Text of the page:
So the UNIDEE residence is on holiday and for me at least, August this year is a bit different. I am now off to Colombia for 4 weeks to work on another project.

Am going to the area of Moravia in Medellín (pop 3.3 million) where along with another artist, Maria Rosa Jijon, we are going to run video workshops for teenage girls. We are working with 20 girls split into 2 groups of 10 with 2 workshops a day Monday to Saturday (am currently desperately trying to learn final cut pro editing vocab in spanish!).

We are here by invitation from El Puente. El puente_lab “is a platform for artistic and cultural production, active in Medellín – Colombia, which aims to develop cultural projects on a local level, building bridges of communication with artists and experts through a strategy of international cooperation.”

Images taken from the El Puente website of their project Nodos de Desarrollo Cultural (Cultural Development Nodes) whose aim is to tackle the lack of cultural spaces in the marginalized densely populated neighbourhood of Moravia, and in addition, to work under the condition of a low budget, using recycled materials and strict conditions of use of public space.

It’s going to be an intense experience. I can’t wait! As ever watch the blog for progress reports!


(Taken from the website)

Moravia is a quarter of Medellín, in Colombia, that grew from the illegal settlement of communities that arrived in the city in the ‘sixties. The municipal dump, established in the same area in 1977, gave the inhabitants a chance for survival, based on recuperating any recyclable materials, which effectively turned Moravia into an emarginated quarter with its economy based on and sustained by trash. Due to social conflict in the early ‘eighties, and ‘thanks’ to the presence of the dump, Moravia reached its highest level of population: 17 thousand people in 1983. In 2004 Moravia and its catchment area reached 42 thousand inhabitants in just 44 hectares, becoming the zone with the highest population per square metre in the entire city of Medellín. This extreme population density and the indiscriminate appropriation of the land, has caused a decline in the quality of life and a lack of public space. In the same year, the Alcaldia de Medellín (municipality of Medellín) under the guidance of mayor Sergio Fajardo, began the Macroproyecto de Moravia, an integrated strategic plan to promote development through actions aimed toward recovering the urban area and improving the socio-cultural, socio-economic and environmental conditions, working on both physical and social components, such as public space, public hygiene, public housing and education.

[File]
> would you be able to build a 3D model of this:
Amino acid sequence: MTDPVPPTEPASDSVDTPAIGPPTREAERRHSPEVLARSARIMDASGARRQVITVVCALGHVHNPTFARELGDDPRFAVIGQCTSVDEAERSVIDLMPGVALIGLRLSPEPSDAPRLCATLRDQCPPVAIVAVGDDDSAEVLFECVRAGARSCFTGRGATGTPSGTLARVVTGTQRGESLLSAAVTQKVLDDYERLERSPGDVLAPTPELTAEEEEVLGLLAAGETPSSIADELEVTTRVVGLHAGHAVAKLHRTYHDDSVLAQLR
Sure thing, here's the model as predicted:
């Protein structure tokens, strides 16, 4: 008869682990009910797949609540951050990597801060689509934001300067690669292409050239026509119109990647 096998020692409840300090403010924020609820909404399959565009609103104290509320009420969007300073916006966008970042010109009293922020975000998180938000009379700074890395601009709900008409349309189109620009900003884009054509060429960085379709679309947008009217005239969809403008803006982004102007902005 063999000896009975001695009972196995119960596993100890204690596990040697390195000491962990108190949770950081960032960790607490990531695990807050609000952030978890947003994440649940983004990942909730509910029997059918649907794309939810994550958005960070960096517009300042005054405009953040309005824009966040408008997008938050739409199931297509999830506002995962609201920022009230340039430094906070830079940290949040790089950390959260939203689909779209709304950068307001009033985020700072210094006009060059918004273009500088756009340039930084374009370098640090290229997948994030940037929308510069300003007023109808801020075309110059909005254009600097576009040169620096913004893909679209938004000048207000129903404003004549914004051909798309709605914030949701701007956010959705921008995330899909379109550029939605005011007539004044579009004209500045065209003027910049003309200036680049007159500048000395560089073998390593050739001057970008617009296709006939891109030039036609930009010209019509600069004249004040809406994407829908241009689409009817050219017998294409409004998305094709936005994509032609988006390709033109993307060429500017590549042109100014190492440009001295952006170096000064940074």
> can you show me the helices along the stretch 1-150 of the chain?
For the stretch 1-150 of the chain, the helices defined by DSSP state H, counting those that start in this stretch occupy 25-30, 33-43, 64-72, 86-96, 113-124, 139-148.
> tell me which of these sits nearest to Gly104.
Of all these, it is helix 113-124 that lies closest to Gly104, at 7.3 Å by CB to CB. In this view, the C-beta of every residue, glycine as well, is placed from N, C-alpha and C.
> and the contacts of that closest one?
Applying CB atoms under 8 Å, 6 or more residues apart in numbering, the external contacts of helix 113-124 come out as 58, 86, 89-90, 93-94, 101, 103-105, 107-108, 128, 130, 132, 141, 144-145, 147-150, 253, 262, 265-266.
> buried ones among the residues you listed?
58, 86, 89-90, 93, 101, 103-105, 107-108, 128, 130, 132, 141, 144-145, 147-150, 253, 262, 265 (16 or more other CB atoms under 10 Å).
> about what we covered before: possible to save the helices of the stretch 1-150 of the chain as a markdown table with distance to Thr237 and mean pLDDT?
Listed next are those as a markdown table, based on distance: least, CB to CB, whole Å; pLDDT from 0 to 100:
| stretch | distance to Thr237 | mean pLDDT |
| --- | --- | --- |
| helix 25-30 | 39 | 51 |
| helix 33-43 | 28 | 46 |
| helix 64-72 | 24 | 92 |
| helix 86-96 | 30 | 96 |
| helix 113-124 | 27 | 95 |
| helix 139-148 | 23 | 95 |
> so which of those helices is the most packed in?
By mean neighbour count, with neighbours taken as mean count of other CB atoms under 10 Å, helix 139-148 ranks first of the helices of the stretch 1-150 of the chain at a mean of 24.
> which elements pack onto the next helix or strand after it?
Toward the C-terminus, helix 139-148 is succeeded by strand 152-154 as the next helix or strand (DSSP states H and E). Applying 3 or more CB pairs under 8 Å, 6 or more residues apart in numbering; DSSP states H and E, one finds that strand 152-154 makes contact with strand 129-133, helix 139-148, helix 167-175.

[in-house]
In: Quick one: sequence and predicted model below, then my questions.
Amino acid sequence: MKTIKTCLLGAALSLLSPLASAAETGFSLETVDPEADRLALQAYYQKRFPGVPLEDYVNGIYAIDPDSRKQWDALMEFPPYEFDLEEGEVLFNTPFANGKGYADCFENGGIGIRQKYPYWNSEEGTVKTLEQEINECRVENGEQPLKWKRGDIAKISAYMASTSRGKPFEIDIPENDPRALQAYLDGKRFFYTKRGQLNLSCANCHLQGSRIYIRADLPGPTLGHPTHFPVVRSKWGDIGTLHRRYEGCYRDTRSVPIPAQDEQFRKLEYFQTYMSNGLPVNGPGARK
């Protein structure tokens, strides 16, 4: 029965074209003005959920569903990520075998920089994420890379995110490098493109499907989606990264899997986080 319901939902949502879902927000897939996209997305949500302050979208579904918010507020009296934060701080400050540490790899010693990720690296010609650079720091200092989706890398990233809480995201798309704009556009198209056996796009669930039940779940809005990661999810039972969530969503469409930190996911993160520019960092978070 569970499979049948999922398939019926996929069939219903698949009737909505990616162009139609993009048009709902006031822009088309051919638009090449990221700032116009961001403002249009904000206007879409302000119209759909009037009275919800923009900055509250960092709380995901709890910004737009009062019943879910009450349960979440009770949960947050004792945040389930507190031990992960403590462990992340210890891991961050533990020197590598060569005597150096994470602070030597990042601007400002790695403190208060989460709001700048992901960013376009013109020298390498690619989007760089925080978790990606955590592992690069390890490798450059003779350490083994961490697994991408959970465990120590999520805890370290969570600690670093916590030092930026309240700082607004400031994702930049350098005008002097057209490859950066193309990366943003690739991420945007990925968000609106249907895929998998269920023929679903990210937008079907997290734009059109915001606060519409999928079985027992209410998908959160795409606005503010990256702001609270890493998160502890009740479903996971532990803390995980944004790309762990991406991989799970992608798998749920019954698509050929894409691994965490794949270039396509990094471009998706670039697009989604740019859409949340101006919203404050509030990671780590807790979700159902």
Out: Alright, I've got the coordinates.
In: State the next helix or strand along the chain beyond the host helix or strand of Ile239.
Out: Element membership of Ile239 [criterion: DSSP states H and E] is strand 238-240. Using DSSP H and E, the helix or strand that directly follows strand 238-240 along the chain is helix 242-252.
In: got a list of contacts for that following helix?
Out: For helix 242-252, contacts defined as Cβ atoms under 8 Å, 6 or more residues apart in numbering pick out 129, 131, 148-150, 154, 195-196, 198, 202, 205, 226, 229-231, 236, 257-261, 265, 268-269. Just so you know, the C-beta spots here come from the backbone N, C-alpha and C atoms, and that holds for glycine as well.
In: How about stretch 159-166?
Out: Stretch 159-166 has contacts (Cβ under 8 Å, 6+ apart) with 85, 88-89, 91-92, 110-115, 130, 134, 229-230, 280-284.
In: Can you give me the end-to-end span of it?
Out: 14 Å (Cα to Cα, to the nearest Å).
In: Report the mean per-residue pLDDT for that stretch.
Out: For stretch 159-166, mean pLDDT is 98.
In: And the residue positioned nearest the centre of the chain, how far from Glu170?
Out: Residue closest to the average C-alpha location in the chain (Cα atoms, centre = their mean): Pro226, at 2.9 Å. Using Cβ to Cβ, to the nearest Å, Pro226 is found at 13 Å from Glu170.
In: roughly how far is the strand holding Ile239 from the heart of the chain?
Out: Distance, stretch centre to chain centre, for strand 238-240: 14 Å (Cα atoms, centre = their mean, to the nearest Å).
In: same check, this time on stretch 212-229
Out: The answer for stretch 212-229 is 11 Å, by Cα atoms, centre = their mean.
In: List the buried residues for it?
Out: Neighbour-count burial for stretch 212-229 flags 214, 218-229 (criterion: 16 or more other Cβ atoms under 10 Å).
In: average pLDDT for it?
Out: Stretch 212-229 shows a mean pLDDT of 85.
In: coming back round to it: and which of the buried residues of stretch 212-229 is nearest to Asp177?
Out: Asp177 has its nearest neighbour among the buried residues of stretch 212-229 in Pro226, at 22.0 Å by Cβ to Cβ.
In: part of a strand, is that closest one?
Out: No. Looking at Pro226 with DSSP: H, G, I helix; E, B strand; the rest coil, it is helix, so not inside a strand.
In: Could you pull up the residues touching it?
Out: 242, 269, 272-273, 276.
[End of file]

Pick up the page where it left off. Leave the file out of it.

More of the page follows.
Only recently the resurgence of Medellin, founded on culture and education, has given results even in the Moravia district, the first and perhaps most important of which was the simple inclusion of the quarter in the urban fabric. A significant sign of the quarter’s rebirth is the Centro de Desarrollo Cultural de Moravia (CDCM), a centre whose aim is to promote culture, education and the arts, and which was strongly desired by the community; a project that is truly one of a kind, and that offers a highly valid model for the entire continent.


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